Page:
File Your Tax Return even if You Cannot Afford It

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File your Tax Return even if You Cannot Afford it

It is common to find taxpayers who do not file their tax returns because they feel they cannot afford to pay the taxes they would owe. Such incidences are especially prevalent in bankruptcy cases among those who file bankruptcy petitions. All bankruptcy petitioners must submit their most recent tax returns as part of their filing. But if you are tempted not to file your tax return because you believe you cannot afford your taxes, think again.  Click here to read or watch more IRS Help resources.

It would be a mistake to skip filing taxes because you cannot afford the taxes or for any other reason for that matter. Failing to file your tax return by April 15 (or by the approved extension date), will result in a late filing penalty of 5% per month over and above the late payment penalty. Not paying your taxes will result in you being charged interest on your taxes but on the other hand, filing a return without paying your taxes will result in a late payment penalty of one half of 1% per month.

The IRS says that interest is charged on any unpaid tax from the due date of the return until the date when you pay the full amount owed. The interest rate is determined quarterly and is the federal short-term rate plus 3% and is compounded daily.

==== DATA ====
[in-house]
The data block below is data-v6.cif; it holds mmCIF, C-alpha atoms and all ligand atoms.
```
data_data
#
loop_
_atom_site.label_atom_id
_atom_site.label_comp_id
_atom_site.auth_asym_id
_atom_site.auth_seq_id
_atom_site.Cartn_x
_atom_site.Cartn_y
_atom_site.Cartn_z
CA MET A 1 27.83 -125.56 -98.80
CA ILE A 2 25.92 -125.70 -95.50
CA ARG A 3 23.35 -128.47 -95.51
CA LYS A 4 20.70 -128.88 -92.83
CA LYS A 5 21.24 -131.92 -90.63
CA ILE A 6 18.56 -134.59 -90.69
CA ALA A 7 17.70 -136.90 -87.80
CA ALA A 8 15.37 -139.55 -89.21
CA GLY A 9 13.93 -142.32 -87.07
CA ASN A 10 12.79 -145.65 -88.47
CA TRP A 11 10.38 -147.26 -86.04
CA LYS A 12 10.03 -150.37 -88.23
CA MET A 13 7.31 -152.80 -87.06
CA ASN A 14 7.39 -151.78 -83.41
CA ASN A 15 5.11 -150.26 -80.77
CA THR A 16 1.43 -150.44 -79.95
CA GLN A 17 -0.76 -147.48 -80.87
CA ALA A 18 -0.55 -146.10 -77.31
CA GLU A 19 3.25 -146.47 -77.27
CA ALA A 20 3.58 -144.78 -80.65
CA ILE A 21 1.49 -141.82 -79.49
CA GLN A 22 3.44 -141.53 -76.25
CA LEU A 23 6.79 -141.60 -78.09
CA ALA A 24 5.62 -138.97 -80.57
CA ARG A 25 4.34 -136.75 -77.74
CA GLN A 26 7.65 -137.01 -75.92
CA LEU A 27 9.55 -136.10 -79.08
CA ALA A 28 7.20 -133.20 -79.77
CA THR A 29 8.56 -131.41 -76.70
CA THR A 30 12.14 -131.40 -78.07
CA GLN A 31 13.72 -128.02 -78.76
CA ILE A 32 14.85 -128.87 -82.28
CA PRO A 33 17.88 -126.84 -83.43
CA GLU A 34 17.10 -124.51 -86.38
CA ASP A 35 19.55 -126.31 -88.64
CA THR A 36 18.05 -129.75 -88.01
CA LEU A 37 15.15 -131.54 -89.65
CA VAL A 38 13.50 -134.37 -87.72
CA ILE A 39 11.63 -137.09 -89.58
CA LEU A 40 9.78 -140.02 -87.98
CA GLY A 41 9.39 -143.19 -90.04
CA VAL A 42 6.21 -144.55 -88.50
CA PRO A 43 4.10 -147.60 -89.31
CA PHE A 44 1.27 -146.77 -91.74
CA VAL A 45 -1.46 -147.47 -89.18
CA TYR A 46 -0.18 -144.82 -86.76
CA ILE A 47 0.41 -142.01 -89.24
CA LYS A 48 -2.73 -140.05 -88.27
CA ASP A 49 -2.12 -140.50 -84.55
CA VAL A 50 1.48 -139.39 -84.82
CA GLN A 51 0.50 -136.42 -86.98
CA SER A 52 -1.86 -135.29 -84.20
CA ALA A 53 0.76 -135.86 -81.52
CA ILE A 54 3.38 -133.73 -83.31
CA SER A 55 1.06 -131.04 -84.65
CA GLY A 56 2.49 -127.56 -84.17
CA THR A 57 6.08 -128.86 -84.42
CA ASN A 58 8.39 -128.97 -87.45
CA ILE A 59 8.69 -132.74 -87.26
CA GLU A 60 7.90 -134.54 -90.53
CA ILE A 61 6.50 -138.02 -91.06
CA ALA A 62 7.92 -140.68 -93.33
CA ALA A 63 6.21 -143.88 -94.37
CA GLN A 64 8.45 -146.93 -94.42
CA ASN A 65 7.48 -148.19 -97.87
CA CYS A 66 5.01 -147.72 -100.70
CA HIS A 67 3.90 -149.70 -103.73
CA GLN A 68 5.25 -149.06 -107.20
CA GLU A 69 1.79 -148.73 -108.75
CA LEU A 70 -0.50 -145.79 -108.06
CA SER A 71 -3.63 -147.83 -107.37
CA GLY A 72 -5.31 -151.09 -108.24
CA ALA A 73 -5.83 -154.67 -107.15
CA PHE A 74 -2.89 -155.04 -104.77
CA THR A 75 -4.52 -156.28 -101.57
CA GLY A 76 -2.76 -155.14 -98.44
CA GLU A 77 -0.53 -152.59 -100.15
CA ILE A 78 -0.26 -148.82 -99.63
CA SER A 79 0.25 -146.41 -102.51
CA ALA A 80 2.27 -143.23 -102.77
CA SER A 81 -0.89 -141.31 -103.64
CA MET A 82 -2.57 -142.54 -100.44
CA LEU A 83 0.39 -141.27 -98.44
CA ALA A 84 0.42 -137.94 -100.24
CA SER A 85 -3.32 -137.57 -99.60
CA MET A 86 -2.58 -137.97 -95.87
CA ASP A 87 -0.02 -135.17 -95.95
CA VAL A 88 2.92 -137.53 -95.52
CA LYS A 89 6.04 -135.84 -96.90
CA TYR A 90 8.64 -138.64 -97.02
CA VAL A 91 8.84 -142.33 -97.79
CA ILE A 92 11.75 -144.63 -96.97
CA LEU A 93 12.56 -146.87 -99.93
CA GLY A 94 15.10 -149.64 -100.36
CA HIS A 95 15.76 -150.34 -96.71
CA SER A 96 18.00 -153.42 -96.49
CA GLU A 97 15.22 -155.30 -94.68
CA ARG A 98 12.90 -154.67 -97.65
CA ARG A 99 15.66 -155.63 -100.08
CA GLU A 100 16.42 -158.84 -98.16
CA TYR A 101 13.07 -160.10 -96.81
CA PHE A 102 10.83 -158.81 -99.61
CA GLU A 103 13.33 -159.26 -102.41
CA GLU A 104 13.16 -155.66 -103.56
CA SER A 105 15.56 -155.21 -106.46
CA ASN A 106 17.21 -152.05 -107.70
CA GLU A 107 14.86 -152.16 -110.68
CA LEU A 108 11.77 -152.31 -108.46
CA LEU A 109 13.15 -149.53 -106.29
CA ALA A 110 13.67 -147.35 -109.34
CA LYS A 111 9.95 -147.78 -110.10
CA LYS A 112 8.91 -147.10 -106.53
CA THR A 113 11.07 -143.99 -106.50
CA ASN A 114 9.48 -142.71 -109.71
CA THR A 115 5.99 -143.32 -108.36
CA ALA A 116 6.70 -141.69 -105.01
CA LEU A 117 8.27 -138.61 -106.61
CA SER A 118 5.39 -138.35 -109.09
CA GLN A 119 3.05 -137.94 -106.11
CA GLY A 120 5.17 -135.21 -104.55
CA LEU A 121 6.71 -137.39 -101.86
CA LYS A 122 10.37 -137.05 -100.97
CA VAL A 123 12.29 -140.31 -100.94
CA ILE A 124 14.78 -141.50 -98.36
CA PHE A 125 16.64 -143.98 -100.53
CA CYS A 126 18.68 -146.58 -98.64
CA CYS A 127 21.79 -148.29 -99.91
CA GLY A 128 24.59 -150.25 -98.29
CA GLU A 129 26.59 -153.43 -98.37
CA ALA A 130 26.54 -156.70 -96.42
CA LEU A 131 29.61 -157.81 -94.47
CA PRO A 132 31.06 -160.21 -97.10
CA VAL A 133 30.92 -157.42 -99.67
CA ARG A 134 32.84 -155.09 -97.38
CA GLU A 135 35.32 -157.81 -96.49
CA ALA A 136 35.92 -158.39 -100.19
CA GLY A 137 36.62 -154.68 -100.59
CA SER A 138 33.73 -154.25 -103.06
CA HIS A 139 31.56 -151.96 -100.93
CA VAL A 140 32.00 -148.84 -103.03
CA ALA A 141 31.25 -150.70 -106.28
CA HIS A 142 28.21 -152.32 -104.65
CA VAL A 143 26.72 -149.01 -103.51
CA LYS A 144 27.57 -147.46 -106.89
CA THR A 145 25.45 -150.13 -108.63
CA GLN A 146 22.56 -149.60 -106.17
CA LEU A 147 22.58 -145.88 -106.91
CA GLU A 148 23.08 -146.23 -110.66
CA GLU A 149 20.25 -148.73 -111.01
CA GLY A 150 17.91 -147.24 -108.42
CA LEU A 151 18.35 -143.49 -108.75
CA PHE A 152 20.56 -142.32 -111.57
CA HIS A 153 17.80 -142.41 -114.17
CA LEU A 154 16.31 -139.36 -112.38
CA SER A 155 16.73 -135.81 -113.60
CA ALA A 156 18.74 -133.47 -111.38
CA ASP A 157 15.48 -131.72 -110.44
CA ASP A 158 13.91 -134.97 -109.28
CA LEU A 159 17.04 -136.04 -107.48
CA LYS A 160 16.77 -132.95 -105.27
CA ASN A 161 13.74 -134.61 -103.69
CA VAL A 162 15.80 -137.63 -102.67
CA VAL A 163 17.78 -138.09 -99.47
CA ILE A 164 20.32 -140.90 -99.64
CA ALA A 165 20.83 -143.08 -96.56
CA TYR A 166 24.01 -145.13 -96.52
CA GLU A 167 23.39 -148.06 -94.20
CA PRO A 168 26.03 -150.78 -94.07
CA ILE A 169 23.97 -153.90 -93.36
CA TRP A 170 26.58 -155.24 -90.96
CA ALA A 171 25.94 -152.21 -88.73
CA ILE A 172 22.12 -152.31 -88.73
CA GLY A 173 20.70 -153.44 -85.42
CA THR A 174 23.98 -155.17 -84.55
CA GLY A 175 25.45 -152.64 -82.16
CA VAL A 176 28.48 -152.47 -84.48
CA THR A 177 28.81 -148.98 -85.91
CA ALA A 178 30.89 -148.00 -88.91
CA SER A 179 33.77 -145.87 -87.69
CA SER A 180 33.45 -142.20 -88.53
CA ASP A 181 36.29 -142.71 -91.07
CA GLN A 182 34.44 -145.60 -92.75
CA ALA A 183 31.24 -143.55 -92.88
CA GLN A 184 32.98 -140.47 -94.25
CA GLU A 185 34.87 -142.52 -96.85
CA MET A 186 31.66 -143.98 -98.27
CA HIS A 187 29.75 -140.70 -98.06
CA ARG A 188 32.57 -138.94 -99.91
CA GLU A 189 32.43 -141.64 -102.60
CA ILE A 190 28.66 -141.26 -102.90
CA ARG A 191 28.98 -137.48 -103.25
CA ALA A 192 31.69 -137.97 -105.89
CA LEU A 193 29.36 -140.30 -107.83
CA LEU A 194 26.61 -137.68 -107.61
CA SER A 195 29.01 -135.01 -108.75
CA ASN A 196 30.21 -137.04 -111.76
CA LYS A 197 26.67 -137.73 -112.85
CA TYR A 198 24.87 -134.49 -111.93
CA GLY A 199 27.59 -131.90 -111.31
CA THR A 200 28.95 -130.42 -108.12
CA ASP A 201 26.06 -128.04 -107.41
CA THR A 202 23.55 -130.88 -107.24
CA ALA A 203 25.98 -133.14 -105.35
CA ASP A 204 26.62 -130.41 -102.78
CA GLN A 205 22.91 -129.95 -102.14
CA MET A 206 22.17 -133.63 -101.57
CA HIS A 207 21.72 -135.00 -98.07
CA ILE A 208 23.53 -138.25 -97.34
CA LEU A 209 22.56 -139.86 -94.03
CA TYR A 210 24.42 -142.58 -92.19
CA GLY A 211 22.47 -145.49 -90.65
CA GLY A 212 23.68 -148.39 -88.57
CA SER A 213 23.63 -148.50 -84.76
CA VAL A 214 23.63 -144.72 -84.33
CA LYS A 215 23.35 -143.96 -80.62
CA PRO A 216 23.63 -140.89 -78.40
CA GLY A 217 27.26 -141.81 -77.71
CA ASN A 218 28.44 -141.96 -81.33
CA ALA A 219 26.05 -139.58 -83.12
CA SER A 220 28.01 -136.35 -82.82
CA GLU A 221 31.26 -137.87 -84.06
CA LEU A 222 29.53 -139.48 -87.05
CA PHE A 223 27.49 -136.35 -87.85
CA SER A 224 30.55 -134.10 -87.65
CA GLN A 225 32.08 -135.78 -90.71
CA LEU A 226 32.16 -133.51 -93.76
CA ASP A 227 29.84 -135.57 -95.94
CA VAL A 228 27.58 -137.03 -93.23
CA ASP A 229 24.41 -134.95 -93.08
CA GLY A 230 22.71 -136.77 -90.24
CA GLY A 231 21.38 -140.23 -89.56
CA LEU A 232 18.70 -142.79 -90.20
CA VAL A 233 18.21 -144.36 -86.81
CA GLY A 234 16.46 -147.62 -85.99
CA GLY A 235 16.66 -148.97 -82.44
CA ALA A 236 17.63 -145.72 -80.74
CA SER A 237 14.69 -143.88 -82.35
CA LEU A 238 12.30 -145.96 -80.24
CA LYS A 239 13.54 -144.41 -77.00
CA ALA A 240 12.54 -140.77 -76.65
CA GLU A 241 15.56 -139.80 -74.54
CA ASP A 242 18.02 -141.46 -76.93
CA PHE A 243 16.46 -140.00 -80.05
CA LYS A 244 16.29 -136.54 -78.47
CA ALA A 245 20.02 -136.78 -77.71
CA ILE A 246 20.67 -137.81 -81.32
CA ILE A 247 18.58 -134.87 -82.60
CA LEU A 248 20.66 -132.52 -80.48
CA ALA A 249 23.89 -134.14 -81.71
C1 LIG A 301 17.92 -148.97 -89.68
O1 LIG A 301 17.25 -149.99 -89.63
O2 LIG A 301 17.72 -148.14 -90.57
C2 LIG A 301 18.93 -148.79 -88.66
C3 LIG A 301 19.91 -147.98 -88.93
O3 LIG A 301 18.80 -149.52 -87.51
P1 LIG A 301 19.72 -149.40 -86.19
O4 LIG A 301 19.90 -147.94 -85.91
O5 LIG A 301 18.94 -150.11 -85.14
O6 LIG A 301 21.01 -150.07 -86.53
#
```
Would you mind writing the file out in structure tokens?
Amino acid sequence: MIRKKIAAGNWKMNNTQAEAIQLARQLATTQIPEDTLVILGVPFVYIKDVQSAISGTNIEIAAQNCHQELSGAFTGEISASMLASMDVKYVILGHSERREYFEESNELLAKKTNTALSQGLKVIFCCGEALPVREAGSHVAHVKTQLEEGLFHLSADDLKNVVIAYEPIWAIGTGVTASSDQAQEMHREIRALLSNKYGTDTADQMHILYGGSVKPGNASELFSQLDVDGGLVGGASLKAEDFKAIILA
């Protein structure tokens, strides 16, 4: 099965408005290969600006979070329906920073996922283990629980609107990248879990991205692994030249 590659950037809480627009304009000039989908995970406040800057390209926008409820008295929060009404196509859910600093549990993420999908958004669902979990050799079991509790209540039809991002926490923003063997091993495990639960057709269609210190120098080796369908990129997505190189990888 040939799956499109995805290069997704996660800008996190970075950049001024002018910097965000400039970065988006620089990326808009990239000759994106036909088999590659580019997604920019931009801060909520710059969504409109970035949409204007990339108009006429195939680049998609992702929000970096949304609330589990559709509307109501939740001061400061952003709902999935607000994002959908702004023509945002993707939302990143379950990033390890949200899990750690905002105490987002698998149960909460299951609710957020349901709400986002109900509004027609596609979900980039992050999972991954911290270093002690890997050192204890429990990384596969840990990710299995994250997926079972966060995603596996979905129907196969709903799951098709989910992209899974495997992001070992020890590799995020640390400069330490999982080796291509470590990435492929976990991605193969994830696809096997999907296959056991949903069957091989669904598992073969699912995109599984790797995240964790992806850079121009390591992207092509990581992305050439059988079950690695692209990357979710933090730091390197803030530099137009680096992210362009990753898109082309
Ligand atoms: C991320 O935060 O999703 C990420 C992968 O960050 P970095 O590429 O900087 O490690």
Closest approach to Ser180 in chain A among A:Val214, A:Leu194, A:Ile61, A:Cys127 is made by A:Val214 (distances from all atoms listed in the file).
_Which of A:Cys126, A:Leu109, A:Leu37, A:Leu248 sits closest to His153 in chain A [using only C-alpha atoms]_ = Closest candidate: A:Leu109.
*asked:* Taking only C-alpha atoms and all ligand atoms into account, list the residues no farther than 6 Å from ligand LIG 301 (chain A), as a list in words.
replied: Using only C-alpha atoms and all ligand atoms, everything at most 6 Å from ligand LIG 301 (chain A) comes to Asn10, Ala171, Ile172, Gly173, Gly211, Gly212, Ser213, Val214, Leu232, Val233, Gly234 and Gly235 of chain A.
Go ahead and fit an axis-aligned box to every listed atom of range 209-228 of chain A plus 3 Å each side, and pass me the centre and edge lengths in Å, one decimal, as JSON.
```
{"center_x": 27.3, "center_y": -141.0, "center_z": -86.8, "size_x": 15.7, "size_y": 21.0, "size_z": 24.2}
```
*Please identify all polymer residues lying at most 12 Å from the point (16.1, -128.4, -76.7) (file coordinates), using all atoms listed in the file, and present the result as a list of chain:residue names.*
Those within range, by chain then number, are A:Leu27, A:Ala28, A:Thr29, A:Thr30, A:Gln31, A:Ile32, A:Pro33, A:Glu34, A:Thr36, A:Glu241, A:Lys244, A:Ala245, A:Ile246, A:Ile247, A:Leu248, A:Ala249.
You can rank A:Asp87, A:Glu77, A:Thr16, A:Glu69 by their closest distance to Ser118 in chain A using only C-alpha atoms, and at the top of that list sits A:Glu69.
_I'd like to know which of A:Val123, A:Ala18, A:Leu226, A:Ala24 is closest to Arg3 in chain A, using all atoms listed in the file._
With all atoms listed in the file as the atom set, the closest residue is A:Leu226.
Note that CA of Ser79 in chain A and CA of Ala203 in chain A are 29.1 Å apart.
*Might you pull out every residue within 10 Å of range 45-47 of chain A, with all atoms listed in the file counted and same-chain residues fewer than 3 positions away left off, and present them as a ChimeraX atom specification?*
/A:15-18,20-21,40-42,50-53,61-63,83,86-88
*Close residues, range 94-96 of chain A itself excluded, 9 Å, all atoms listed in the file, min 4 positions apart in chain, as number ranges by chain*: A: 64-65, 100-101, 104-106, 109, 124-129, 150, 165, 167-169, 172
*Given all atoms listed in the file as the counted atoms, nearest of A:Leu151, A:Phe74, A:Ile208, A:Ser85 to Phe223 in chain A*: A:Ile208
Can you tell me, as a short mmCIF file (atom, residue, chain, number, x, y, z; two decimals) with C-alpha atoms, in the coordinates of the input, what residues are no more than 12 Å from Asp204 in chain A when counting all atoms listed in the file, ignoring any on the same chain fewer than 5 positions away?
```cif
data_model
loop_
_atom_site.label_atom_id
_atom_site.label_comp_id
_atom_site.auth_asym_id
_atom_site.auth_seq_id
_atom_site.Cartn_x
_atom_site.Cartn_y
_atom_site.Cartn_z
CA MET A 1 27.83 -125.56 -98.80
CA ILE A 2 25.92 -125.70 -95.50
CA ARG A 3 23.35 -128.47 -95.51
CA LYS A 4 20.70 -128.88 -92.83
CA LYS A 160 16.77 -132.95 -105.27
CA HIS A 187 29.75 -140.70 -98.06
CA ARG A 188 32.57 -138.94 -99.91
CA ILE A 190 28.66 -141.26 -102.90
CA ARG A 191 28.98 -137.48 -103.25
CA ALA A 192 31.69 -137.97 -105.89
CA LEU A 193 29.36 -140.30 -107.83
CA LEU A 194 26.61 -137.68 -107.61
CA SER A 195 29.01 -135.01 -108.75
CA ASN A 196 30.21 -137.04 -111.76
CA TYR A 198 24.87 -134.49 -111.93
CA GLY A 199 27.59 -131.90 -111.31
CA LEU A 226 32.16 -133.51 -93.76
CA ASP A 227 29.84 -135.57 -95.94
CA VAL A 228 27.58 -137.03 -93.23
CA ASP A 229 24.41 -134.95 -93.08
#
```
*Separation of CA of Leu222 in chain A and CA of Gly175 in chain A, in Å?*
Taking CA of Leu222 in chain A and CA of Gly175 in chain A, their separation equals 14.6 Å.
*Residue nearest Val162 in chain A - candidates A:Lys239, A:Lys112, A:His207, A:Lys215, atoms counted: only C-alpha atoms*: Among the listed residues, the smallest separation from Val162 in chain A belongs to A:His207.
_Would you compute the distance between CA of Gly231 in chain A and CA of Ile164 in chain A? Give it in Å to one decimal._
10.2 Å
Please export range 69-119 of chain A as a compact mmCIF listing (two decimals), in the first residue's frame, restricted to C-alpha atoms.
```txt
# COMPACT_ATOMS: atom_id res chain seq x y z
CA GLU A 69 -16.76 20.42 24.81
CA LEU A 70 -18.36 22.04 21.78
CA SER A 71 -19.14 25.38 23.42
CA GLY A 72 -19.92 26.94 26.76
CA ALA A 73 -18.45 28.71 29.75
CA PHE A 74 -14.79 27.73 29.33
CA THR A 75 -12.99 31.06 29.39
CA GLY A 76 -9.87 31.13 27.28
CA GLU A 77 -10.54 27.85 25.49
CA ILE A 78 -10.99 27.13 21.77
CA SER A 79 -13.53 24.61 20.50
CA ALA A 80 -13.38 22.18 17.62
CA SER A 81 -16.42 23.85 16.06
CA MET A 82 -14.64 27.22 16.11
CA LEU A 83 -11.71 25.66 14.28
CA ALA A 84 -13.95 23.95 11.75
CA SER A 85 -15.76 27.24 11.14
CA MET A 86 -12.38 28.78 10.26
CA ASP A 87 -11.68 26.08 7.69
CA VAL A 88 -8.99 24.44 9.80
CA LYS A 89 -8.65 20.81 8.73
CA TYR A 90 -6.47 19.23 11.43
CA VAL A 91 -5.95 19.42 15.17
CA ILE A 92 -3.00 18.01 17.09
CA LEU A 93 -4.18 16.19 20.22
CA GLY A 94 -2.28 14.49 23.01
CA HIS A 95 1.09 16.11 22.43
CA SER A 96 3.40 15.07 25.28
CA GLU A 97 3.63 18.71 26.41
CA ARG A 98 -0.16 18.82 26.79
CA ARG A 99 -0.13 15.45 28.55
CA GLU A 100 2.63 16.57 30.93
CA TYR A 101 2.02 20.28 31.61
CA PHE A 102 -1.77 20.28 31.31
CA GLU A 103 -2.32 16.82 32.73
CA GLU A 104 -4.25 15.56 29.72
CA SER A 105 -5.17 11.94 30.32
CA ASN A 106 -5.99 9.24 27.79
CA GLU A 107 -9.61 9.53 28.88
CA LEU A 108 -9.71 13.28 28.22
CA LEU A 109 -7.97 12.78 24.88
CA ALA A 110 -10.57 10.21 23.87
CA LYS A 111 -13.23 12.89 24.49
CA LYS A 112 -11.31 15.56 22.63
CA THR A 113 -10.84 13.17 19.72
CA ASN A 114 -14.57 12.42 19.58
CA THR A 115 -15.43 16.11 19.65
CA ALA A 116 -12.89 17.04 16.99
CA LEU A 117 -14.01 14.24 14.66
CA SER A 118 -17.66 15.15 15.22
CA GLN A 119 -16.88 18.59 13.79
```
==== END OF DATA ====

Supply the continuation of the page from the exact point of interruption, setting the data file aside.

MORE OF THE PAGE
If you file a return but don’t pay all amounts shown as due on time, you will be charged a late payment penalty of one-half of 1% of the tax owed for each month, or part of a month, that the tax remains unpaid from the due date, until the tax is paid in full or the 25% maximum penalty is reached. Many people do not know that the rate does not stay the same. The one-half of 1% rate will increase to 1% if the tax remains unpaid 10 days after the IRS issues a notice of intent to levy.

On the other hand, for the taxpayers who file by the return due date, the one-half of 1% rate will be lowered to one-quarter of 1% for any month in which an installment agreement is in effect.

Also, the IRS says that if you owe tax and do not file your tax return by the deadline, the total penalty you are charged is usually 5% of the tax owed for each month or part of a month that your return is late, up to five months. If your return is more than 60 days late, the minimum penalty for late filing is $135 or 100% of the tax owed, whichever is less.

So make sure you still file your tax return even if you feel you cannot afford it. At the time of filing, do speak to the IRS about payment options. The IRS has ways you can pay your taxes in a way that you can afford.

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